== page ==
The photosensitive members were mounted in respective image-forming apparatus and operated to evaluate for optical memory, smeared image and image defects such as white spots and black spots in three different environments of N/N (25° C., 45% RH), H/H (35° C., 85% RH) and N/L (25° C., 10% RH).

For a running durability test operation, 20,000 sheets of copy paper were used with TC-Al Test Chart (FY9-9045-000: tradename, available from Canon Inc.) for each specimen.

The surface of the photosensitive member was tested for defective cleaning and surface free energy before and after the test and each time after running several thousand sheets.

In this example, the abutment pressure of applying the cleaning blade of the cleaning unit to the photosensitive member was regulated to 5 to 50 gf/cm as cited earlier.

[Defective Cleaning]

To evaluate the defective cleaning by checking out the presence or absence of “fog” produced on flat white by toner by means of Tricolor [black/half tone/white] Test Chart (FY-9-9017-000: tradename, available from Canon Inc.) and NA-7 Test Chart (FY-9-9060-000: tradename, available from Canon Inc.).

If the produced images were differentiated due to the environmental difference, the image with the worst image quality was used for the evaluation.

More specifically, the tricolor chart was used for imaging in the different environments, and the obtained image was evaluated by checking out the clearness of the boundaries of different colors, the presence or absence of stripes of leaked toner running in the sense of rotation of the photosensitive member and fog.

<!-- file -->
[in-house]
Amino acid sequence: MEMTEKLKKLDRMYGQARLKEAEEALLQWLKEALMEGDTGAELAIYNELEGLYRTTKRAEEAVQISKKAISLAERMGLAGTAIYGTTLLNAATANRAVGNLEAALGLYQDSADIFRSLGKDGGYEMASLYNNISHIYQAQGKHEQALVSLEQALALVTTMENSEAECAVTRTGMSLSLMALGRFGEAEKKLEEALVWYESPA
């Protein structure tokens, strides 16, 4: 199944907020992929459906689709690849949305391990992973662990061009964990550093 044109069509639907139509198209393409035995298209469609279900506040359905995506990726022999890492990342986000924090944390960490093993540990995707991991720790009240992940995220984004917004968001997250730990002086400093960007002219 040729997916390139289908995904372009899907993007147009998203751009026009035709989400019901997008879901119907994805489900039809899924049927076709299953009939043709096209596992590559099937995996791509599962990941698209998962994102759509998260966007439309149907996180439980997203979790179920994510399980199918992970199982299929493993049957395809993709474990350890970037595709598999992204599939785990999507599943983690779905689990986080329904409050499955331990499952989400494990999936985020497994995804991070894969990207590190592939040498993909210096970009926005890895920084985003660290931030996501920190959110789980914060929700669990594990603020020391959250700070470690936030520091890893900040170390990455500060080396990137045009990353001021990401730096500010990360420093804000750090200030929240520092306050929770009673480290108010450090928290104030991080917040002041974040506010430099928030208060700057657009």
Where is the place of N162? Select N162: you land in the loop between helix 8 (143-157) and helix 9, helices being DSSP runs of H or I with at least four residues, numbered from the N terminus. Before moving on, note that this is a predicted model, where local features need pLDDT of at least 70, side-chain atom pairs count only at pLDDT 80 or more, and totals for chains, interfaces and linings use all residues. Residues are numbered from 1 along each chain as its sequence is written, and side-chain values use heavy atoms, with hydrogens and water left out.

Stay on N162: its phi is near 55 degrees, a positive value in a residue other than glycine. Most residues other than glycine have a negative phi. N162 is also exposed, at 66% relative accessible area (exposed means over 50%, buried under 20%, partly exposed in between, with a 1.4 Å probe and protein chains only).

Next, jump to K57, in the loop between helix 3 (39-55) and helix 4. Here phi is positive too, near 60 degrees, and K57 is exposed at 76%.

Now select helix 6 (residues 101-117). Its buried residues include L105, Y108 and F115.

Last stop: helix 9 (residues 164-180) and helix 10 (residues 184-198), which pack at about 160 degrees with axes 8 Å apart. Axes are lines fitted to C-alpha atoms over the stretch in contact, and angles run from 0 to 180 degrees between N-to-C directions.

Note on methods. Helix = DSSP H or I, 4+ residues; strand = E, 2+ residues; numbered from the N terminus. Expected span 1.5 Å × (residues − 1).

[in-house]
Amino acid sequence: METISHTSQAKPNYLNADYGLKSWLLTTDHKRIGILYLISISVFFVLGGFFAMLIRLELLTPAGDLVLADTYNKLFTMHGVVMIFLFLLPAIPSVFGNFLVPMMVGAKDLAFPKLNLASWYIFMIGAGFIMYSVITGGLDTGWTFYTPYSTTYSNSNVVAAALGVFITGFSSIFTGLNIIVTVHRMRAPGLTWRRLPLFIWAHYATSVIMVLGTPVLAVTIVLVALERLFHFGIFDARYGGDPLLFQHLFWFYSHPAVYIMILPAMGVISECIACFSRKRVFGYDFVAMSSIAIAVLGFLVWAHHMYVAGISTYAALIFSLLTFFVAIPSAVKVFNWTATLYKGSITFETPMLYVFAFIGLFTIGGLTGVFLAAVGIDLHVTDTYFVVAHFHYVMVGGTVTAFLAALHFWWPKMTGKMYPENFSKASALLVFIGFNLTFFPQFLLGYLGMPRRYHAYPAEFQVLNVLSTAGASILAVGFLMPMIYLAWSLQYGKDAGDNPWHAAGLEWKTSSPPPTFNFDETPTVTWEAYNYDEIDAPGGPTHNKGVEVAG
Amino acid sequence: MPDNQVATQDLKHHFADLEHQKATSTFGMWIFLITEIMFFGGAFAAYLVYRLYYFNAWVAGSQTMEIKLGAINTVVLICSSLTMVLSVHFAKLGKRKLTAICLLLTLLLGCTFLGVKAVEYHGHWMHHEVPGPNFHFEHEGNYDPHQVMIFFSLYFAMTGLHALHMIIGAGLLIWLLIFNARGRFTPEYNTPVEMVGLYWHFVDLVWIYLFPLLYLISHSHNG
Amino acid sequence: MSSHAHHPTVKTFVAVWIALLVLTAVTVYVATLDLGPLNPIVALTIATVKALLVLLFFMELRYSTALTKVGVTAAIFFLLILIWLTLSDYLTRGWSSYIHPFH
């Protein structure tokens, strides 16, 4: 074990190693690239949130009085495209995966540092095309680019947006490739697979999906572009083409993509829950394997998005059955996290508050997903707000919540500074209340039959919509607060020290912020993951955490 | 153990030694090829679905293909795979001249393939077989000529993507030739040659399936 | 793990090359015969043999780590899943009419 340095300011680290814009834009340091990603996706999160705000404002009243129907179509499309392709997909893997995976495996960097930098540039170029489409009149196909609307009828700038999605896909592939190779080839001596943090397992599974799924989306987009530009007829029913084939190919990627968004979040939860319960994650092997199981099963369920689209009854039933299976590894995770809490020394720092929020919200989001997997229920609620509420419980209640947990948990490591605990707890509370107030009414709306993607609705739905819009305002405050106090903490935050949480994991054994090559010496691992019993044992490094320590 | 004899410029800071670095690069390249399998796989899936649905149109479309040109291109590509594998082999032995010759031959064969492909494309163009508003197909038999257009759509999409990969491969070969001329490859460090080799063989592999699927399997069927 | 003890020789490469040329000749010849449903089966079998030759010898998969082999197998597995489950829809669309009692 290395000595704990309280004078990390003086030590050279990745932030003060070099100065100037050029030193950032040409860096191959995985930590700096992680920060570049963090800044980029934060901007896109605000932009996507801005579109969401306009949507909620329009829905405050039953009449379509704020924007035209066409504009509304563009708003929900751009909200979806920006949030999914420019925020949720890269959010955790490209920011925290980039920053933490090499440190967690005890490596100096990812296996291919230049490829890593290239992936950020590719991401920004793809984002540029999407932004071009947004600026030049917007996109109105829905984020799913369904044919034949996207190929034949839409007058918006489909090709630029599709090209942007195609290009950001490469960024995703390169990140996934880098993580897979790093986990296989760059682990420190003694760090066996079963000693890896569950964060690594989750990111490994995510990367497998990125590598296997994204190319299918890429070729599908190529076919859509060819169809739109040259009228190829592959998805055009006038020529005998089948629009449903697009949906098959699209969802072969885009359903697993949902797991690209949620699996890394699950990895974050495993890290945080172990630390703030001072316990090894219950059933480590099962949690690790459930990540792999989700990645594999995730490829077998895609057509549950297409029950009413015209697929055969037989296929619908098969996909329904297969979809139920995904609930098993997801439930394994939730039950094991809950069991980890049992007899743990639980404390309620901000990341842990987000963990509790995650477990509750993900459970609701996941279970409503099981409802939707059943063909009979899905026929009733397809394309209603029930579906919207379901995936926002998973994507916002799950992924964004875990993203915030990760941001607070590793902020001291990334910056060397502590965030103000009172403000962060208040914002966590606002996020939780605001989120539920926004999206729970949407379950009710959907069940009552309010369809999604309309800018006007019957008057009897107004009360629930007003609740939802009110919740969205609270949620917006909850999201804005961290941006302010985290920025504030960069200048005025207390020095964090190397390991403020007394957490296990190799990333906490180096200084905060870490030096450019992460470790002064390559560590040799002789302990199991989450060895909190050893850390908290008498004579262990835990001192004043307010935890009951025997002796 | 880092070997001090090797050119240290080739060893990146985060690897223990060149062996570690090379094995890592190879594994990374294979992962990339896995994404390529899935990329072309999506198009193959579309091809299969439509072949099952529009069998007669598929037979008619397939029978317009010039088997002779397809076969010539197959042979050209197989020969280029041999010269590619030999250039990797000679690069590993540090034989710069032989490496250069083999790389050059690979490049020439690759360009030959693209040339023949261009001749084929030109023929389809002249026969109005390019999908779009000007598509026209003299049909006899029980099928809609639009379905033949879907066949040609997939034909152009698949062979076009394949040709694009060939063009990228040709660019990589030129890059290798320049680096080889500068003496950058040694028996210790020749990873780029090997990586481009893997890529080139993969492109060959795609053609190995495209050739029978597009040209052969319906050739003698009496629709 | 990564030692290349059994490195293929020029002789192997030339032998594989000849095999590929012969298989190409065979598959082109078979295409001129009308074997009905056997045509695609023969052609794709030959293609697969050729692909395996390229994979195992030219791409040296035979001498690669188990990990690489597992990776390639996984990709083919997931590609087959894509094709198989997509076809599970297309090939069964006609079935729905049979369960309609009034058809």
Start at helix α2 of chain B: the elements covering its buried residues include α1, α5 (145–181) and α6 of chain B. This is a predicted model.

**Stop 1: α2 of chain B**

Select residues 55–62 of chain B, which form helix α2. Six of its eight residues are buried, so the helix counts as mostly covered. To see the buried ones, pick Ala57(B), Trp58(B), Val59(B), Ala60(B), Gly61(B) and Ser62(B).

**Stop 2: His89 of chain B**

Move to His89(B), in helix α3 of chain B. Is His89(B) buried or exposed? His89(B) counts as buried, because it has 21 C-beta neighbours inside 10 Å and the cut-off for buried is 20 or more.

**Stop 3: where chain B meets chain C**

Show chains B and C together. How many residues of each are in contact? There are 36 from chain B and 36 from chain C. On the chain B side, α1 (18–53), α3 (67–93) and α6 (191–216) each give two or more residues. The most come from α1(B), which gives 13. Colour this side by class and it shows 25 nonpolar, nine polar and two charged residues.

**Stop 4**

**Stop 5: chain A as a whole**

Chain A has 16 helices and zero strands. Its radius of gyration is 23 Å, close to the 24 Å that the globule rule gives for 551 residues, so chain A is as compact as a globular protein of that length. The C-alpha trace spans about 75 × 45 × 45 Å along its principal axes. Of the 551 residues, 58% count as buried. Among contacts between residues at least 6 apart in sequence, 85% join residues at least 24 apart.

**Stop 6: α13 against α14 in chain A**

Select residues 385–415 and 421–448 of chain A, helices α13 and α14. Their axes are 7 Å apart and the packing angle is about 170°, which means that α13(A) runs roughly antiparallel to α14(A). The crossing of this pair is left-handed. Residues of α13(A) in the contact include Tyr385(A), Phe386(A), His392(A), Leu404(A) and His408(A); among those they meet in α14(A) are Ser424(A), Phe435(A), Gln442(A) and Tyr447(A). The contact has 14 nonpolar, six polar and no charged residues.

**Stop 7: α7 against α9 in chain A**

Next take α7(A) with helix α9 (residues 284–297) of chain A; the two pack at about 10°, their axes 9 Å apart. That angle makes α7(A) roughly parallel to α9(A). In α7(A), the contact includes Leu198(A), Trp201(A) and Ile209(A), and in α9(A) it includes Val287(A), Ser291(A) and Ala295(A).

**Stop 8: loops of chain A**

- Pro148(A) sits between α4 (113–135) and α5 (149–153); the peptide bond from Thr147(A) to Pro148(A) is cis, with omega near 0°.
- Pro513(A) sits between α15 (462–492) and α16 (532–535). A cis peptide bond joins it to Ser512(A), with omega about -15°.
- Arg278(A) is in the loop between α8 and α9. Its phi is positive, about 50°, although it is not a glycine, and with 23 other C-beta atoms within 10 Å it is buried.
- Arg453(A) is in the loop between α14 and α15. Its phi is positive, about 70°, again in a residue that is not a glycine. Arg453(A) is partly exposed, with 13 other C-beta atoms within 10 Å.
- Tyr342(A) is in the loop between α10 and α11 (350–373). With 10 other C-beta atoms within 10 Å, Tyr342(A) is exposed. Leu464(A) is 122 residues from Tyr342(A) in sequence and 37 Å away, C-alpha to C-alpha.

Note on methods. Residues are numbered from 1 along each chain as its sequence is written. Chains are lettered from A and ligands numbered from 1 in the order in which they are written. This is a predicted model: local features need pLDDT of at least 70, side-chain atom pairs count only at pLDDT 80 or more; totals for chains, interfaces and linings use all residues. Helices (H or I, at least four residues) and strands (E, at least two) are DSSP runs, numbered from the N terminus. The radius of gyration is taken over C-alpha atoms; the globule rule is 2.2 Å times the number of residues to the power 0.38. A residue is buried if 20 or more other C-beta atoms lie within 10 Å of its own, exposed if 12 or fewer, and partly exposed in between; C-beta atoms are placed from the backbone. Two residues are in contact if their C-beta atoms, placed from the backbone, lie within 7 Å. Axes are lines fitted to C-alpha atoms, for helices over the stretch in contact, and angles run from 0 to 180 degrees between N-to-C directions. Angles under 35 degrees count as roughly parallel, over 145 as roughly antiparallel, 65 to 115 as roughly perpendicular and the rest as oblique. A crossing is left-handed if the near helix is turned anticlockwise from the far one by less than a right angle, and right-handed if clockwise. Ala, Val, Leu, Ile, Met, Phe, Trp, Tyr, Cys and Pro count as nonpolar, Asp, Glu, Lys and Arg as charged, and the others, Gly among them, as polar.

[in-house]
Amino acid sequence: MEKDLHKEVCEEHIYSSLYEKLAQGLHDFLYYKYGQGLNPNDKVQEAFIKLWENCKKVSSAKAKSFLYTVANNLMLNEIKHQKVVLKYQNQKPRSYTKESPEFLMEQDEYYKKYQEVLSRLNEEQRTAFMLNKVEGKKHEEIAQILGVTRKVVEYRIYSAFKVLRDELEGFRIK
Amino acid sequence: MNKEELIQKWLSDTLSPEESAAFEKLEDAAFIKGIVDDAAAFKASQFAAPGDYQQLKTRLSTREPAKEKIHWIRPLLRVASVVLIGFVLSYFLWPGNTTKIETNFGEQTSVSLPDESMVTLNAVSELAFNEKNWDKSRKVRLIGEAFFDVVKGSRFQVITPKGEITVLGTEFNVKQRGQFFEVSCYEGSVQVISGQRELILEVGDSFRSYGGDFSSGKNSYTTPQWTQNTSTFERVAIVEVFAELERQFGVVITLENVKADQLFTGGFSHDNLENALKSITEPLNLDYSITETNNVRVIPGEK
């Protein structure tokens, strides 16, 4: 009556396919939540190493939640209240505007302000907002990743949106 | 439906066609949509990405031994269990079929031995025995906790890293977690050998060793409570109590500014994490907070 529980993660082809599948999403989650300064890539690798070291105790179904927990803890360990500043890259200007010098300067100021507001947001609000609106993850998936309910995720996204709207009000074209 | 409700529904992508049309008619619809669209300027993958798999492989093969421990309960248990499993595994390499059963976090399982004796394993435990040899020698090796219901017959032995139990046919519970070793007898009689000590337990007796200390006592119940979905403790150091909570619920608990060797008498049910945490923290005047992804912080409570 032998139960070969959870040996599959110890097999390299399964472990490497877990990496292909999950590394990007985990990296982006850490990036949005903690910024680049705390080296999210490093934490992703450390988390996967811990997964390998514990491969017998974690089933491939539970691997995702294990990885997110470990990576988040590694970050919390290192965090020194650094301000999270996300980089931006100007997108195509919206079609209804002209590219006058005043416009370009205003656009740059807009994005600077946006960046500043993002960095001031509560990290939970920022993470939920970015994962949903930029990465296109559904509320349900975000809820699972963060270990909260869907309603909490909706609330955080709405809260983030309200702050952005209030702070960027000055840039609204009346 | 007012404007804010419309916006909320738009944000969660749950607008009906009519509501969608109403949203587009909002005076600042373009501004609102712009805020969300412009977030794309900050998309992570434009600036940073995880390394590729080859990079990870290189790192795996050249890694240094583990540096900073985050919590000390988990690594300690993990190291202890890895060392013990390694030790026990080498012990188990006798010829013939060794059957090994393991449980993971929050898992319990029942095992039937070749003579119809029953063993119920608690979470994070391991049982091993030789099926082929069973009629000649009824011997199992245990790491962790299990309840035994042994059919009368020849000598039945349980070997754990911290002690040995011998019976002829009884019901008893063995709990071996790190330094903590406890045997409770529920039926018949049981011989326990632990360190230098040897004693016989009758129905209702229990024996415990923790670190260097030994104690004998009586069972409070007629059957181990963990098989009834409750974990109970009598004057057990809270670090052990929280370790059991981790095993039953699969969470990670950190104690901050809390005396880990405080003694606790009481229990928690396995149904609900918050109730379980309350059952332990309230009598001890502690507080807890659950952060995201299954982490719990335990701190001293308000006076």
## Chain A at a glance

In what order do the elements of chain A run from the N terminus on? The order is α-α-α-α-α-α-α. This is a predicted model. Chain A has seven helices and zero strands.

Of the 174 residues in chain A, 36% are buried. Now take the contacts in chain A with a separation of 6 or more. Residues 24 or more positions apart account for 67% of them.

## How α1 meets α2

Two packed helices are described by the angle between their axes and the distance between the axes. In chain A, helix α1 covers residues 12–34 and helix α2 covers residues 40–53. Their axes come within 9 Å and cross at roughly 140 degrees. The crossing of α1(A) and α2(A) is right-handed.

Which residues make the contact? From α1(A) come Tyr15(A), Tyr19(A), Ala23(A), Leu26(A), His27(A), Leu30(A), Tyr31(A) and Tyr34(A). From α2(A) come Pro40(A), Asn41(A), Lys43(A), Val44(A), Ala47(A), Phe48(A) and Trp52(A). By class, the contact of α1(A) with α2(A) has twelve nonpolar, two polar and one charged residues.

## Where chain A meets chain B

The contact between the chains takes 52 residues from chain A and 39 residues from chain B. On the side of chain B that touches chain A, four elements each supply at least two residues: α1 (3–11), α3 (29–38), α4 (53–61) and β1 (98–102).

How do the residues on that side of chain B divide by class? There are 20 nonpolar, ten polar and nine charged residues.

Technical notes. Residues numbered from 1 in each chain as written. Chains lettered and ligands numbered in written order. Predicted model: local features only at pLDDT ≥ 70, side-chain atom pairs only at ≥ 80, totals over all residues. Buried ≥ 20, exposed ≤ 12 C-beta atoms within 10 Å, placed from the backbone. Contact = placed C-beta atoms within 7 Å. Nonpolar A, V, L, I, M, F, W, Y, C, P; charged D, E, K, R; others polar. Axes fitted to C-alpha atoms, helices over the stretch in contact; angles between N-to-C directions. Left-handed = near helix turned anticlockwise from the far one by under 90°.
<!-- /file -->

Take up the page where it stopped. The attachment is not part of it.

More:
The fog on the image was evaluated by using a reflection densitometer (Reflectometer Model TC-6DS: tradename, available from Tokyo Denshoku) and obtained the value of Ds-Dr, where Ds represents the worst reflected density of white of transfer medium after the imaging, and Dr represents the average reflected density of white of transfer medium before the imaging.

The following rating standards were used.

5. excellent in terms of fogging:

Ds-Dr less than 1.0%

4. good in terms of fogging:

Ds-Dr between 1.0 and 1.3%

3. permissible in terms of fogging:

Ds-Dr between 1.3 and 1.7%

2. usable in terms of fogging:

Ds-Dr between 1.7 and 2.0%

1. poorly usable in terms of fogging:

Ds-Dr more than 2.0%

Then the cleaning unit was dismounted and the cleaning blade was checked for chipping by checking it out using a microscope and by measuring the density of the produced image.

The residual toner on the surface of the photosensitive member was also checked at the time of sampling the produced images.

The image density was determined by means of a SPI filter, using a Macbeth Density Meter RD-918 (tradename, available from Macbeth).

Firstly, the above chart was used for sampling the images and the presence or absence of black stripes was checked in the sense of rotation of the photosensitive member.

Secondly, a piece of adhesive such as sticky tape was applied to the surface of the photosensitive member at a position that had passed by the cleaning unit and the adhesive was made to stick to the copy paper. Then, the reflection density of the adhesive was measured by means of a reflection densitometer as in the case of fog evaluation. The average of the measured values is expressed by Dt.

On the other hand, the surface of the photosensitive member was cleaned by dry wiping or wet wiping using alcohol to remove the residual toner and a same test was conducted to evaluate the effect of the cleaning operation. The value obtained by the reflection densitometer is expressed by Dn.